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[kweynt] /kweɪnt/
adjective, quainter, quaintest.
having an old-fashioned attractiveness or charm; oddly picturesque:
a quaint old house.
strange, peculiar, or unusual in an interesting, pleasing, or amusing way:
a quaint sense of humor.
skillfully or cleverly made.
Obsolete. wise; skilled.
Origin of quaint
1175-1225; Middle English queinte < Old French, variant of cointe clever, pleasing ≪ Latin cognitus known (past participle of cognōscere; see cognition)
Related forms
quaintly, adverb
quaintness, noun
1. antiquated, archaic. 2. curious, uncommon.
2. ordinary. Unabridged
Based on the Random House Dictionary, © Random House, Inc. 2015.
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Examples from the web for quaint
  • She found the building quaint and historic; he thought it was just old.
  • She has a quaint morality, a narcissistic personality.
  • The notion of solitude seems quaint nowadays.
  • Newly arrived in a quaint mountain village, Emma longs for friends to play with.
  • It is a small island ringed by sandy beaches and populated by islanders who still speak a quaint French.
  • As we walked inside, we were covered by the quaint decor.
  • Hansen accompanies himself on an autoharp, a zither-like instrument, that adds a quaint flavor to his readings.
  • To the tourists, all this seems charmingly quaint.
  • Your quaint and simple logic has inspired me.
  • Two miles inland lies the quaint village of Bushmills, its narrow main street lined with old stone taverns and country inns.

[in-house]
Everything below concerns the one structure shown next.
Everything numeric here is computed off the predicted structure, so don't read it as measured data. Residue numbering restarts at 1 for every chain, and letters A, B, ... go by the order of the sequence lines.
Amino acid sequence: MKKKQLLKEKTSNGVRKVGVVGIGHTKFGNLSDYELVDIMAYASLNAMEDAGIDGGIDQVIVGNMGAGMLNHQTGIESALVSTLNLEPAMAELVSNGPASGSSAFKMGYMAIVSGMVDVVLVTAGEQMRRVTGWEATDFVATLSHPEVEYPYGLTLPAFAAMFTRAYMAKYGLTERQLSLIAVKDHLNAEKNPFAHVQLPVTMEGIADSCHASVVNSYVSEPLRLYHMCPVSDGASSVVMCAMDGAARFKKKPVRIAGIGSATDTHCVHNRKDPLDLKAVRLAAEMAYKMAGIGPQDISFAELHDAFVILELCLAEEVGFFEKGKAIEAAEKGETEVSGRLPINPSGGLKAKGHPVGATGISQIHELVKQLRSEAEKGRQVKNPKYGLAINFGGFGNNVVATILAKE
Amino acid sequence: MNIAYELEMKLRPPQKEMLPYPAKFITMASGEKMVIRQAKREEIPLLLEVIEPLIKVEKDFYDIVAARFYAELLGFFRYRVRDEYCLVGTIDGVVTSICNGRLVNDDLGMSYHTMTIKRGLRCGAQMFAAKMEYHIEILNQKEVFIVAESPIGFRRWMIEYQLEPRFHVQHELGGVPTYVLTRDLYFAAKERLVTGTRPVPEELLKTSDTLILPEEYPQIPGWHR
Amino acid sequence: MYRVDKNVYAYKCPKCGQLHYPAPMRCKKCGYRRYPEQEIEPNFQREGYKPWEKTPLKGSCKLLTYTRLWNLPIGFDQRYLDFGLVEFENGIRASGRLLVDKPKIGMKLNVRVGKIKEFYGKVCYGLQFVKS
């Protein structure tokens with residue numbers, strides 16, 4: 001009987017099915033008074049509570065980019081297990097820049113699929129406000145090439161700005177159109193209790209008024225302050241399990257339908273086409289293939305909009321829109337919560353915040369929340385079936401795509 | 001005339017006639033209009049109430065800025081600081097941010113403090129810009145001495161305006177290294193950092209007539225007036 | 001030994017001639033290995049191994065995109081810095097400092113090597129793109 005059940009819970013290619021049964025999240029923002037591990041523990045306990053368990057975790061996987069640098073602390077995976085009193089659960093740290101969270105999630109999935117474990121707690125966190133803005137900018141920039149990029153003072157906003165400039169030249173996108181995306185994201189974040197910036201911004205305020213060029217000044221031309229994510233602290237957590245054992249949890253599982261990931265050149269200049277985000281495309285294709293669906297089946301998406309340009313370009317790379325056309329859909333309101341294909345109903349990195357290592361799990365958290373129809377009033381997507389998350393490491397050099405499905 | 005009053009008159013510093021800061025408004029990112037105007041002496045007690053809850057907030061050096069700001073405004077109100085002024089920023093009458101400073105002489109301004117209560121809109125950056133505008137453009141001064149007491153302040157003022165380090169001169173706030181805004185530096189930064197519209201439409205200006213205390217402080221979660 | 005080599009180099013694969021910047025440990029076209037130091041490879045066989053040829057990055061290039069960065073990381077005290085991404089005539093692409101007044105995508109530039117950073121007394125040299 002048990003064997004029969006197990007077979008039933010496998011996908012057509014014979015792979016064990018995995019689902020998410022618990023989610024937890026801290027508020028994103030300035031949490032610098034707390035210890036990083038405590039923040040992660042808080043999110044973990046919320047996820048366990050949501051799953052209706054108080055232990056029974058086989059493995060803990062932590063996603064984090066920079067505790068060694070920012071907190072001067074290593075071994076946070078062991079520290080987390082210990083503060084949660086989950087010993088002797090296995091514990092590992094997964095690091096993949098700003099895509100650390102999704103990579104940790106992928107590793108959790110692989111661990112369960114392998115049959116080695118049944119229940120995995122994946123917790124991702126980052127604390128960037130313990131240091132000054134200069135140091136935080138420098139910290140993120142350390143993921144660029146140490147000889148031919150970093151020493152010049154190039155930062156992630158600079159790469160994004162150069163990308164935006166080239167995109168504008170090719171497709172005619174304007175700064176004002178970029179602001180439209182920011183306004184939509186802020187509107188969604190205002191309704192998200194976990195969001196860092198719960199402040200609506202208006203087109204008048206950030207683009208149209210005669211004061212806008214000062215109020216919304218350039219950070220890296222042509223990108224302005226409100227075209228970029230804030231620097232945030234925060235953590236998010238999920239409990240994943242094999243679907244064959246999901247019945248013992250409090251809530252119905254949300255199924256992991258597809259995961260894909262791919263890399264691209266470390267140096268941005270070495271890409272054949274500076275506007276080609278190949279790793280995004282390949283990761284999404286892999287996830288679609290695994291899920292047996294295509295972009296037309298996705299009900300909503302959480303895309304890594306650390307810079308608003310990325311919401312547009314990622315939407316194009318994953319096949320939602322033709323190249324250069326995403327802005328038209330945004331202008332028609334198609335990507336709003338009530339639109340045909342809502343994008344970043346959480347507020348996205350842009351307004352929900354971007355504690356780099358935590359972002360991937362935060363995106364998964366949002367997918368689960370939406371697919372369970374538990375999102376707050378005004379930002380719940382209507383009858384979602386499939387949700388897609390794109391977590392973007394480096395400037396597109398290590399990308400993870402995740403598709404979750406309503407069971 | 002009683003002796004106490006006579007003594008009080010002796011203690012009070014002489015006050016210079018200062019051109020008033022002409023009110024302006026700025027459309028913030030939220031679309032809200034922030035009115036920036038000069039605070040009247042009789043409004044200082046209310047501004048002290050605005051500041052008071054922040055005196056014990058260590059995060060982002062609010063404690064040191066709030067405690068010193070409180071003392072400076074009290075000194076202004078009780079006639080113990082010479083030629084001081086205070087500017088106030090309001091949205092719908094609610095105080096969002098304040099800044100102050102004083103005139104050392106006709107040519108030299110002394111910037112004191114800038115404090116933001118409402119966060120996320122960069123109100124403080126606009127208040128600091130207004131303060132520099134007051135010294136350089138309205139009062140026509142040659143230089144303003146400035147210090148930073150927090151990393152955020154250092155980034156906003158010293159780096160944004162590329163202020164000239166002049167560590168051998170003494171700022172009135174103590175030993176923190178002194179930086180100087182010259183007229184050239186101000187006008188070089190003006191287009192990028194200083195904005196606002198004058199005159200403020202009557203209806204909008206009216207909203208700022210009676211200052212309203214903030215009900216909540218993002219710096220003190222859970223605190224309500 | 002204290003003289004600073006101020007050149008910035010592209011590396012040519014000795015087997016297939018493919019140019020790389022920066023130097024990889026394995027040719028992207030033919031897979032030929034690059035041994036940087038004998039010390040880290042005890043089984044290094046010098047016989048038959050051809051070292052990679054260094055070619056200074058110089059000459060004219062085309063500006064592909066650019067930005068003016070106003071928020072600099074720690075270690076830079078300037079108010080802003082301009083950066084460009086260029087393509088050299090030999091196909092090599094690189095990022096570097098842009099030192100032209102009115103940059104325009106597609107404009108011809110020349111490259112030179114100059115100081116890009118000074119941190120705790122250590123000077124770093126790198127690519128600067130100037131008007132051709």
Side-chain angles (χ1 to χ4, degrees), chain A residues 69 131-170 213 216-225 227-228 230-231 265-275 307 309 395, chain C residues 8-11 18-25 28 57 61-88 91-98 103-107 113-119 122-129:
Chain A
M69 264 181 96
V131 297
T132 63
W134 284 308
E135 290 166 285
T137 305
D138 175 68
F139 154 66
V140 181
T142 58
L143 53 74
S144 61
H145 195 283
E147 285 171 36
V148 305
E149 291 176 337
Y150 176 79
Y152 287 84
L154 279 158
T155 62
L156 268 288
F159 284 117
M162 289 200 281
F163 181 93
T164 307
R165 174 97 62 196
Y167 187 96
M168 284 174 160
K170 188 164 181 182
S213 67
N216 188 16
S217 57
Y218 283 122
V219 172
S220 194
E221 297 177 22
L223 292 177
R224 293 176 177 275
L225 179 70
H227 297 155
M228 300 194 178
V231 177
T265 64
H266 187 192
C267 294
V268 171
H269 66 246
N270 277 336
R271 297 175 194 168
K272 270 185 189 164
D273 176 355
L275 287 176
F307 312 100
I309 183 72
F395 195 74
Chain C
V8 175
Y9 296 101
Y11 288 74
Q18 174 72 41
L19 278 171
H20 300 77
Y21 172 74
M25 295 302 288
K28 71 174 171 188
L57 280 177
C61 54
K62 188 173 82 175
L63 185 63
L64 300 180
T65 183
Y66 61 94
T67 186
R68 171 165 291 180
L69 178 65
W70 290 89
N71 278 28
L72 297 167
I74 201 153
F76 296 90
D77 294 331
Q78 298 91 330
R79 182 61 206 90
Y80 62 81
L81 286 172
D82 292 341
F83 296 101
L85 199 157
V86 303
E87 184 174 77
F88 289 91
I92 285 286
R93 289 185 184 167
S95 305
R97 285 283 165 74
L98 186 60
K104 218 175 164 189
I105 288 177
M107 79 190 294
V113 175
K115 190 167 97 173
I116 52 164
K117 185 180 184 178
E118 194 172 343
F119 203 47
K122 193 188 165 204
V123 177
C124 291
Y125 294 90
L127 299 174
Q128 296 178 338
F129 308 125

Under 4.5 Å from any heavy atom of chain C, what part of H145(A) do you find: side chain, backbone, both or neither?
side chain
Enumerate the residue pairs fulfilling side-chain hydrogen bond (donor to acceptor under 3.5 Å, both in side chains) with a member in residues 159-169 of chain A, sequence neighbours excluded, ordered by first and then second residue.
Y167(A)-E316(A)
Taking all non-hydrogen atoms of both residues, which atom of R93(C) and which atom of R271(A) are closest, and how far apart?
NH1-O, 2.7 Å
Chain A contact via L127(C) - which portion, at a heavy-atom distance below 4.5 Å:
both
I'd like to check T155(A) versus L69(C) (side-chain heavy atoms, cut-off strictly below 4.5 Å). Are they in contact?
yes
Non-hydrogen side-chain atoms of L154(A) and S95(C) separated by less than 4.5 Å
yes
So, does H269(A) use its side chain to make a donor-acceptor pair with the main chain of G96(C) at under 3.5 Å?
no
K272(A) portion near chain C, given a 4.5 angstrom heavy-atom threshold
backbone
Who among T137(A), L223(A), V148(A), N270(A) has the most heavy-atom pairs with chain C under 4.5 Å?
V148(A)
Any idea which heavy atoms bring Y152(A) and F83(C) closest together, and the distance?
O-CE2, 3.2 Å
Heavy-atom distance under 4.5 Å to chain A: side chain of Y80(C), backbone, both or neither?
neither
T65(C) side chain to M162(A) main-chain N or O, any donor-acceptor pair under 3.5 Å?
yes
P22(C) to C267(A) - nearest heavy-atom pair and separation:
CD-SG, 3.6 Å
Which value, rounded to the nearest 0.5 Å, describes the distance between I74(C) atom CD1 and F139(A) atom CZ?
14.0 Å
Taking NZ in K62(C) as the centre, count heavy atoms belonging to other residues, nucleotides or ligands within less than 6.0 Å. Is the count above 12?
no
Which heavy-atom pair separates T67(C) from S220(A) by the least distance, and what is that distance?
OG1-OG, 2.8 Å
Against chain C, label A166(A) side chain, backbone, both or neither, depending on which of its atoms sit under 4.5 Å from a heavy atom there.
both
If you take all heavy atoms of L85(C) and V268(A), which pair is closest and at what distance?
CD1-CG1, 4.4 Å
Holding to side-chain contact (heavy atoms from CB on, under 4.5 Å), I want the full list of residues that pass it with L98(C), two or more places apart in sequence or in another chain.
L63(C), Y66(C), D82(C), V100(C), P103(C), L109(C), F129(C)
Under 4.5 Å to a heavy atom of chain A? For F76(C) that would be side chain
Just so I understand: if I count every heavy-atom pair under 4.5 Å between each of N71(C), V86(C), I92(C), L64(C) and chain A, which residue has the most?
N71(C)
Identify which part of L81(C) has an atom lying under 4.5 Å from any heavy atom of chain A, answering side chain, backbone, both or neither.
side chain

British Dictionary definitions for quaint


attractively unusual, esp in an old-fashioned style: a quaint village
odd, peculiar, or inappropriate: a quaint sense of duty
Derived Forms
quaintly, adverb
quaintness, noun
Word Origin
C13 (in the sense: clever): from Old French cointe, from Latin cognitus known, from cognoscere to ascertain
Collins English Dictionary - Complete & Unabridged 2012 Digital Edition
© William Collins Sons & Co. Ltd. 1979, 1986 © HarperCollins
Publishers 1998, 2000, 2003, 2005, 2006, 2007, 2009, 2012
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Word Origin and History for quaint

c.1200, cointe, "cunning, ingenious; proud," from Old French cointe "knowledgeable, well-informed; clever; arrogant, proud; elegant, gracious," from Latin cognitus "known, approved," past participle of cognoscere "get or come to know well" (see cognizance). Modern spelling is from early 14c.

Later in English, "elaborate, skillfully made" (c.1300); "strange and clever" (mid-14c.). Sense of "old-fashioned but charming" is first attested 1795, and could describe the word itself, which had become rare after c.1700 (though it soon recovered popularity in this secondary sense). Related: Quaintly; quaintness.

Online Etymology Dictionary, © 2010 Douglas Harper
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